I have a recent example of this from one of my students in New Zealand, Gavin Dodd. I have received permission from him to use his photos and to discuss the process. I believe he has only done one display piece before, which we discussed at my most recent Wellington, NZ class.
Gavin had painted up the Target Identifed Set of models from Painting Buddha. He wanted to create a Sci-Fi/Modern themed base for them and he started having a crack after the class he attended. This was his first photo I saw posted up:
Immediately upon looking at the photo, you can see where the focal point is as opposed to where it should be. Keeping in mind the models are supposed to go on top of the block, in front of the sign, the green dot is where the focal point *should be*. Instead, it is squarely at the corner of the building (where the red dot is). This happened because the plinth for the base was too tall. When Gavin posted this up, he explained that he wanted to create height to force to viewer to feel like the models are up high on a roof. I can totally understand this! However, by using the extra height at the bottom of the plinth, he just forced the focal point elsewhere. Instead of trying to create the height by using the plinth, you need to create the height on top of the plinth. Which he had also done by creating the sign.
Additionally, by using such a tall plinth and then creating such a tall base element on top of the plinth, the center of gravity is lifted. Why is this important? Well, that plinth has a small footprint when compared to the total height. If you are going to take this to a show and someone accidentally bumps into the case or table it is displayed on, this piece is going to topple a lot easier than a piece that has a lower center of gravity. Not only do we need to make sure we use the correct design principles to determine composition height, we also have to think about the physical stability of the piece.
I advised him to cut the plinth shorter to redistribute the focal points. I also advised to get rid of the Target Identified sign because when you add a label, you are forcing the viewer to see what you see. If your composition doesn't match what your label says, it can cause confusion and the viewer spends more time trying to reconcile the label with what they are seeing. As opposed to letting them take in all of the elements and creating their own story. So much affects the way different people read the same image based on what their mood is at the time, their personal experiences in life, what sorts of stories they favor. Basically, everyone's perception is shaped on their own life experiences and we should allow the viewer to create whatever narrative they want as opposed to trying to pigeon-hole your personal concept.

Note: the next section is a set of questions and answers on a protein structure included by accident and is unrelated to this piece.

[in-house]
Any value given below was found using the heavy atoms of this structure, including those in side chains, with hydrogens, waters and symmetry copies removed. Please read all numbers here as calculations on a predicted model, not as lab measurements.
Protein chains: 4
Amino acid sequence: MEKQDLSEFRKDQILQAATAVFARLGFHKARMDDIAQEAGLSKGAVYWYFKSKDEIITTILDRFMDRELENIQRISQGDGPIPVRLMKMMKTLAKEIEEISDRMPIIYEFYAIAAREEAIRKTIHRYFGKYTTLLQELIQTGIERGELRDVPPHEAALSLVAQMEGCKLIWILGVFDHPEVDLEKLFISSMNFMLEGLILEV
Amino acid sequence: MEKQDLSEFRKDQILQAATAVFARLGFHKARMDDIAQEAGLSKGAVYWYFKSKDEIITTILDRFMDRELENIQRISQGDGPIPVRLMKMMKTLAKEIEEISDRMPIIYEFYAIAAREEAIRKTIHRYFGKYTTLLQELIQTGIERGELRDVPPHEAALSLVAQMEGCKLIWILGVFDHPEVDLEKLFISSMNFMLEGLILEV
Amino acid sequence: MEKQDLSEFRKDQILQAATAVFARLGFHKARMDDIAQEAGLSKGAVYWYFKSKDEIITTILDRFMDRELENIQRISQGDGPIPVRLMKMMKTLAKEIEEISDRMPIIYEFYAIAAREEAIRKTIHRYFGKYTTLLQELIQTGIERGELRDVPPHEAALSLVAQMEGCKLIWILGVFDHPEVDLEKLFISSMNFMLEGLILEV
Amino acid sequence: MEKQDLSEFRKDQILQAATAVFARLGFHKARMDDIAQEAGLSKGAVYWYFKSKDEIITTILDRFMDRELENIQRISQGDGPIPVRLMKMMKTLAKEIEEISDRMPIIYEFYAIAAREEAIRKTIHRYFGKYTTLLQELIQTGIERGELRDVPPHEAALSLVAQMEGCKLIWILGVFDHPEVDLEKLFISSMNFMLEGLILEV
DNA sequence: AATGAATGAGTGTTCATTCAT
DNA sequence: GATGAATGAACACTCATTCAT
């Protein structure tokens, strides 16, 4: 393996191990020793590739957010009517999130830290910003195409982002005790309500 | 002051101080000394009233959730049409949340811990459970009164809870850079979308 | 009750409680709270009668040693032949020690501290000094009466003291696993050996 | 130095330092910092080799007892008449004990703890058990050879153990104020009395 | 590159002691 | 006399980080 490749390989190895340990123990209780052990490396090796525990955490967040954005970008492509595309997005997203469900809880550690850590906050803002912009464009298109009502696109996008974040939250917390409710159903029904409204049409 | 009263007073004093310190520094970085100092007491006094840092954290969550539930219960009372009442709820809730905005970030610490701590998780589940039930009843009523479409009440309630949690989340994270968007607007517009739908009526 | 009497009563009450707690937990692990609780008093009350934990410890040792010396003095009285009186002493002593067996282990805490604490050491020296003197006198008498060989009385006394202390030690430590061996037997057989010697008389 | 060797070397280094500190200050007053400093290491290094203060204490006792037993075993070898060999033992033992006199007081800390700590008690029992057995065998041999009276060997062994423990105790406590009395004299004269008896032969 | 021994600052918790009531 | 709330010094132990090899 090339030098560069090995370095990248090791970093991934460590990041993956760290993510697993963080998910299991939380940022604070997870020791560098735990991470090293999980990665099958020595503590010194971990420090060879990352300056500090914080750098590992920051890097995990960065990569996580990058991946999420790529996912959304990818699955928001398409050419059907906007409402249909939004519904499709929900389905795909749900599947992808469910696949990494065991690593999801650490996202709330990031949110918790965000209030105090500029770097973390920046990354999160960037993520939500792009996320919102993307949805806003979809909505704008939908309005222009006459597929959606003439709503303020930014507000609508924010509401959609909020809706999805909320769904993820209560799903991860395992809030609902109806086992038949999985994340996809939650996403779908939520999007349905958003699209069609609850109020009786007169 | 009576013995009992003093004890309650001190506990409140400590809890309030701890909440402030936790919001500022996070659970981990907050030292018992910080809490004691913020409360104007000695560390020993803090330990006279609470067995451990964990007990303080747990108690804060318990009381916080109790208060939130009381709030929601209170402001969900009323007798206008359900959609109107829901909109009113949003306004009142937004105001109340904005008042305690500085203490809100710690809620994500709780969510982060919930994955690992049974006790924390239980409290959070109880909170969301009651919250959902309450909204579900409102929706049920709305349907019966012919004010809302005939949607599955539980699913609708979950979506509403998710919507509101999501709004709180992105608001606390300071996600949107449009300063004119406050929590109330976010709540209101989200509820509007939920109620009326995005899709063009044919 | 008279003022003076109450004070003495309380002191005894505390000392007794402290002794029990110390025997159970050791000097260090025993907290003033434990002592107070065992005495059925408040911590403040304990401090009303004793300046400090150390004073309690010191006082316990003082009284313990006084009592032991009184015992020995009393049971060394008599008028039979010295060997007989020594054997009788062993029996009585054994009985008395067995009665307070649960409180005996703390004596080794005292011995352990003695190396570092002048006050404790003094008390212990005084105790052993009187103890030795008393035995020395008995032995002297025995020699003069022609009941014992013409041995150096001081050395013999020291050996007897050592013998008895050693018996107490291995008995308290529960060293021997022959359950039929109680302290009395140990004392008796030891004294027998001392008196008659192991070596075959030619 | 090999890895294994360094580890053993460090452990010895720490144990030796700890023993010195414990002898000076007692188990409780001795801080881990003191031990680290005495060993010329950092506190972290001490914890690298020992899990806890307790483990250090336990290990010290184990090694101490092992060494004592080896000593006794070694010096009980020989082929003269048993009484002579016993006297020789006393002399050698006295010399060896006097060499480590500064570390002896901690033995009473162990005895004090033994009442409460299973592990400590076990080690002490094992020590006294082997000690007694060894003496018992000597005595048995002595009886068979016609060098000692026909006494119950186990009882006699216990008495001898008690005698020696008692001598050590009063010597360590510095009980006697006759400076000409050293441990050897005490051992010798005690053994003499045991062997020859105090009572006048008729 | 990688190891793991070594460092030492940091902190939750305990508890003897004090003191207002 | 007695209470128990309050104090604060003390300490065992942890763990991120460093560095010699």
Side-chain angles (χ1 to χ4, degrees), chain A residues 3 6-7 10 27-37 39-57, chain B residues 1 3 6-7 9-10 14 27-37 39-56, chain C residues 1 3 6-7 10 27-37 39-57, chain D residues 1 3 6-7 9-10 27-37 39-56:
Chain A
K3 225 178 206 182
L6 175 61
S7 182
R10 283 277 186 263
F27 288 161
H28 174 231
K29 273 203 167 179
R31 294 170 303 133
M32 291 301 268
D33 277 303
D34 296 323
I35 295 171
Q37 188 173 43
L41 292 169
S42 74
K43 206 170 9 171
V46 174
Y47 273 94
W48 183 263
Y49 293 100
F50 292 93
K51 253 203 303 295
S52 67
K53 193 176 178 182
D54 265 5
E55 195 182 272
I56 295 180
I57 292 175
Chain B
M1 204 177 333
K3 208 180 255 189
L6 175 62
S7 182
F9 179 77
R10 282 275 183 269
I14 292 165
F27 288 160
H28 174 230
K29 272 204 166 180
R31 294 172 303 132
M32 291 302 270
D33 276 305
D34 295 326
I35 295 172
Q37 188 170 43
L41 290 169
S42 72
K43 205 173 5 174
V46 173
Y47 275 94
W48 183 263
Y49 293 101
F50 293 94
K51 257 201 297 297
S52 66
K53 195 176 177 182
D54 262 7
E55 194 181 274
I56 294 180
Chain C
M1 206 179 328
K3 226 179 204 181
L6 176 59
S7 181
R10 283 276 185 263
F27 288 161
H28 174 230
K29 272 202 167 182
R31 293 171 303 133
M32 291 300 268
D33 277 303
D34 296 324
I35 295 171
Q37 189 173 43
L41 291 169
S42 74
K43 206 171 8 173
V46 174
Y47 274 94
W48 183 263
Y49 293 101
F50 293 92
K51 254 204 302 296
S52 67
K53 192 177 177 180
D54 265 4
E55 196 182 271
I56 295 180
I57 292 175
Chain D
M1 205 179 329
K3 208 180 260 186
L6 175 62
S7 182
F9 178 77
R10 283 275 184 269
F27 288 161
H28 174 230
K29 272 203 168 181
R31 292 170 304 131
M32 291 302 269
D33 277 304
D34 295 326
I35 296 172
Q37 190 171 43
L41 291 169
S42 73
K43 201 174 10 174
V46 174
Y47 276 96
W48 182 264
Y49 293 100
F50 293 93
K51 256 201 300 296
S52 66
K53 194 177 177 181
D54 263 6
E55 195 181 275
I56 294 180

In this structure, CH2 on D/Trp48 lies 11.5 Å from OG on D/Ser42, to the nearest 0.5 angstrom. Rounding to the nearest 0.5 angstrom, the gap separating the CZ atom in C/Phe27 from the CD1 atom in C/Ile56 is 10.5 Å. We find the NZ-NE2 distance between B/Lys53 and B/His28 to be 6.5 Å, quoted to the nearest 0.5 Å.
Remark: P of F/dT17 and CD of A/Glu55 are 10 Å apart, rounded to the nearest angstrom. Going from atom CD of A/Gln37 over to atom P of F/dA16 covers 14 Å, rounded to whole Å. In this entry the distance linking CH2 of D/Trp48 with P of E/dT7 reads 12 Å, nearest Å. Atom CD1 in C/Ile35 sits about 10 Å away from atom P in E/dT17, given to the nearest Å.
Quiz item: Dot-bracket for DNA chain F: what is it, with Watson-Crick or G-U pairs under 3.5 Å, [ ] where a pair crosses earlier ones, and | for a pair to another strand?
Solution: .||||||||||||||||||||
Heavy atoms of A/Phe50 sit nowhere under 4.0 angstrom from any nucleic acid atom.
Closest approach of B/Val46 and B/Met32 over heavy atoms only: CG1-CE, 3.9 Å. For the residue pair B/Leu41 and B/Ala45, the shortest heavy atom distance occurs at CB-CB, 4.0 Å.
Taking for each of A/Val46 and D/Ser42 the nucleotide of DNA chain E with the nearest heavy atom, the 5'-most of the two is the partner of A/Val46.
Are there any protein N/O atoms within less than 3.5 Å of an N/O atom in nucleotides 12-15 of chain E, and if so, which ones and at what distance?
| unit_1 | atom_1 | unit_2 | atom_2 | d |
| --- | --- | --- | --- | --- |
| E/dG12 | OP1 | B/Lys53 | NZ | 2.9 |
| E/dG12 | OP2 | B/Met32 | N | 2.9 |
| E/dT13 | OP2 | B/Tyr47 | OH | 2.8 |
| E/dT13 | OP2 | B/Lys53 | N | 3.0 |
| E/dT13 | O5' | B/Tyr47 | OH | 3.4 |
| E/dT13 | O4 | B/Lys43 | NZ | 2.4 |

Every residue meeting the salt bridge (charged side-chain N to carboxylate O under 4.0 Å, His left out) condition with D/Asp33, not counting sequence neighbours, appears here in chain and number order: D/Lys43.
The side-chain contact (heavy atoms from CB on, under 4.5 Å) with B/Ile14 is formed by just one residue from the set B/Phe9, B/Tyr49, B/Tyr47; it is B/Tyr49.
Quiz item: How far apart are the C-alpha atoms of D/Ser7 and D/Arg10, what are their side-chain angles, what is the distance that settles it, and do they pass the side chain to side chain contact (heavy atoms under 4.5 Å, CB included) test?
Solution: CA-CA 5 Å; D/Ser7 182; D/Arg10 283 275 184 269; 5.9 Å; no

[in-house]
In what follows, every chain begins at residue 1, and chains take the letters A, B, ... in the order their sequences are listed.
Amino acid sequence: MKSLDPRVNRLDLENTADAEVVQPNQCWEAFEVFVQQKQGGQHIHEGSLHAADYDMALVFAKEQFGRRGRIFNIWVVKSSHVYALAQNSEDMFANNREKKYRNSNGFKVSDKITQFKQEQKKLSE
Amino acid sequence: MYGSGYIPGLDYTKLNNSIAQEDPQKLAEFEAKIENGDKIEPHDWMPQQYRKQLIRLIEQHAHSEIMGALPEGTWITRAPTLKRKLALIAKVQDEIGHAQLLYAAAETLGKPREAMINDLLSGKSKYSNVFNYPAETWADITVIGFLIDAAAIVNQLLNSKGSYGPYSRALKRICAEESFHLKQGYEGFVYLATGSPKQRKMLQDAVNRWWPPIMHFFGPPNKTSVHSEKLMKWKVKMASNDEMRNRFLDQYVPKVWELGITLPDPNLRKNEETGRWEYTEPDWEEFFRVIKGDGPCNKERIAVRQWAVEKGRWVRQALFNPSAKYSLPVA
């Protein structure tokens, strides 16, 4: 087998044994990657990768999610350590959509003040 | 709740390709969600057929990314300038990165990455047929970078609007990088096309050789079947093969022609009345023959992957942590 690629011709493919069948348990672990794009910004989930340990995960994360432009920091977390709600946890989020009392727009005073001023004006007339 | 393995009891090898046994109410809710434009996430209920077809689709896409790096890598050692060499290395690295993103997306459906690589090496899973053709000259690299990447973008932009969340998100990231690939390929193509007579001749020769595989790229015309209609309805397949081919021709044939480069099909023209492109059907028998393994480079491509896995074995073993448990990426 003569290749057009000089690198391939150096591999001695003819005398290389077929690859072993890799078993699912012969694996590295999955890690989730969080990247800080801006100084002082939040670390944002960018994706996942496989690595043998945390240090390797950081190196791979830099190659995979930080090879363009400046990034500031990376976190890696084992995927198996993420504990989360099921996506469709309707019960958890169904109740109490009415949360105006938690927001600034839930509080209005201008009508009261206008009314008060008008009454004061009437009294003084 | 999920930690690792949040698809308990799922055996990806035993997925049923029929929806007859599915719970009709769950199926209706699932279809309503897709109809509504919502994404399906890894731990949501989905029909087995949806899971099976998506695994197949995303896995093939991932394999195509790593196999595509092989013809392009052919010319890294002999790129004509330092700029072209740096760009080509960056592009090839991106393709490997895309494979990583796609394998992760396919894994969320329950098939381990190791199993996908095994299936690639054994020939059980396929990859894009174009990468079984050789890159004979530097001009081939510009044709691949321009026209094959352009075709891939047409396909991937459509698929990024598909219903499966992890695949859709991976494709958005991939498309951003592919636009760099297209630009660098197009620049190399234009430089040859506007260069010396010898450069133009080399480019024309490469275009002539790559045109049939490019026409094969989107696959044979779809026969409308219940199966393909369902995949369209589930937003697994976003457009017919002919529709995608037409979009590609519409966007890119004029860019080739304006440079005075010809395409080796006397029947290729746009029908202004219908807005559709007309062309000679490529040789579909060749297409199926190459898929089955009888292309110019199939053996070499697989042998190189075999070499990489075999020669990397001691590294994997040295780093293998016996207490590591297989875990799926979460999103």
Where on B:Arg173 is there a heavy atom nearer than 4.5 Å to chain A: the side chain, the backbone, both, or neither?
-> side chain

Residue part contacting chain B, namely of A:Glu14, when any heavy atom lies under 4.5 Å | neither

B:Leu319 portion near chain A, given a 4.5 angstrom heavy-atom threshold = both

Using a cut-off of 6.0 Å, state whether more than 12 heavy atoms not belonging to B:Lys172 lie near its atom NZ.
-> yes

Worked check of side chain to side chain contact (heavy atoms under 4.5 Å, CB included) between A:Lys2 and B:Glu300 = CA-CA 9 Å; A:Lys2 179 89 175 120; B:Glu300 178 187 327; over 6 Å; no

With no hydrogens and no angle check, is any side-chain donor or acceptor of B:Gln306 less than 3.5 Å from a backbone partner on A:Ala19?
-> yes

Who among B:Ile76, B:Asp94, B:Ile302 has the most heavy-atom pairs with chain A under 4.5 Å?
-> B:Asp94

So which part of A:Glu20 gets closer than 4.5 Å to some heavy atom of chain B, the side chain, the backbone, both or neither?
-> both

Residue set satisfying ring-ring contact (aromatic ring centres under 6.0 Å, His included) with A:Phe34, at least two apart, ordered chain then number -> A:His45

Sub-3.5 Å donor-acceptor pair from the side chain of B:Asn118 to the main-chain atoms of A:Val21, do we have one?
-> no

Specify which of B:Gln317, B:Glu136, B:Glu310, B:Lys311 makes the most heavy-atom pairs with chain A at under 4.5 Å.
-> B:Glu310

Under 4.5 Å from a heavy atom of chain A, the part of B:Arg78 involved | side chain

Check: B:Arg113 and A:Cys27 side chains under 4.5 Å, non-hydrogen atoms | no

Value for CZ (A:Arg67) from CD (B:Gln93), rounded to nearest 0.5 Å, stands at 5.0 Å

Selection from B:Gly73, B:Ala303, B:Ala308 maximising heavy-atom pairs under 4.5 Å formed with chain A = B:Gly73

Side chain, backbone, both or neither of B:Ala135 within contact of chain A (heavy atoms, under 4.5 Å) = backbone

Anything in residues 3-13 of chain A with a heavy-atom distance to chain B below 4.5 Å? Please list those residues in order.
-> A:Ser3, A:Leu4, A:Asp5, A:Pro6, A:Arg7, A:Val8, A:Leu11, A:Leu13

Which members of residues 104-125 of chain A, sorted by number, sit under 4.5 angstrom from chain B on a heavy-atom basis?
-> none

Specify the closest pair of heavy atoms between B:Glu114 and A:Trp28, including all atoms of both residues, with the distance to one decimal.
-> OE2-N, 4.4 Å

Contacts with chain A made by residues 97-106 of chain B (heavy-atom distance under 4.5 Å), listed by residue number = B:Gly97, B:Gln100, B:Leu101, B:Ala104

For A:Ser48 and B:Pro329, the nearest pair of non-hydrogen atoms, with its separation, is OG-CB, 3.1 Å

Anyway, so he cut the bottom of the plinth off and removed the sign. He also extended some of the brickwork a bit. In the end, he came up with a much more pleasing composition.
This scene, already tells me a lot more about the setting by adding a few more elements and fixing the focal point. I can tell they are on a rooftop of a building. That is quite clear because of the lip of the wall, the flat roof and the vertical sign element. An illusion of height is created by extending the sign upwards.
Even so, he probably could have removed another centimeter off the bottom of the plinth and it would be a perfect height. But that is getting really knit picky. In the end, for his second display base, he put a lot of effort into this and took on the critiques from me and some of the other Kiwi Painters like a champ.
Here is the finished photo of this piece:
I wanted to close by saying that you can always incorporate some of your basing directly into your plinth, as Gavin did here by putting the brickwork down the sides of his plinth. I have also done this on my Steampunk Ariel piece I painted a few years ago. Don't think of your plinth a a separate entity. It is part of your entire composition and as such, it needs to compliment or accent your display.
I hope this is helpful for my readers. Writing this blog I already have so many ideas on discussing design elements and how to utilize them in your miniature painting. I will try to get a few written up to release to you guys while we are in Europe!
Don't worry. Paint and be happy!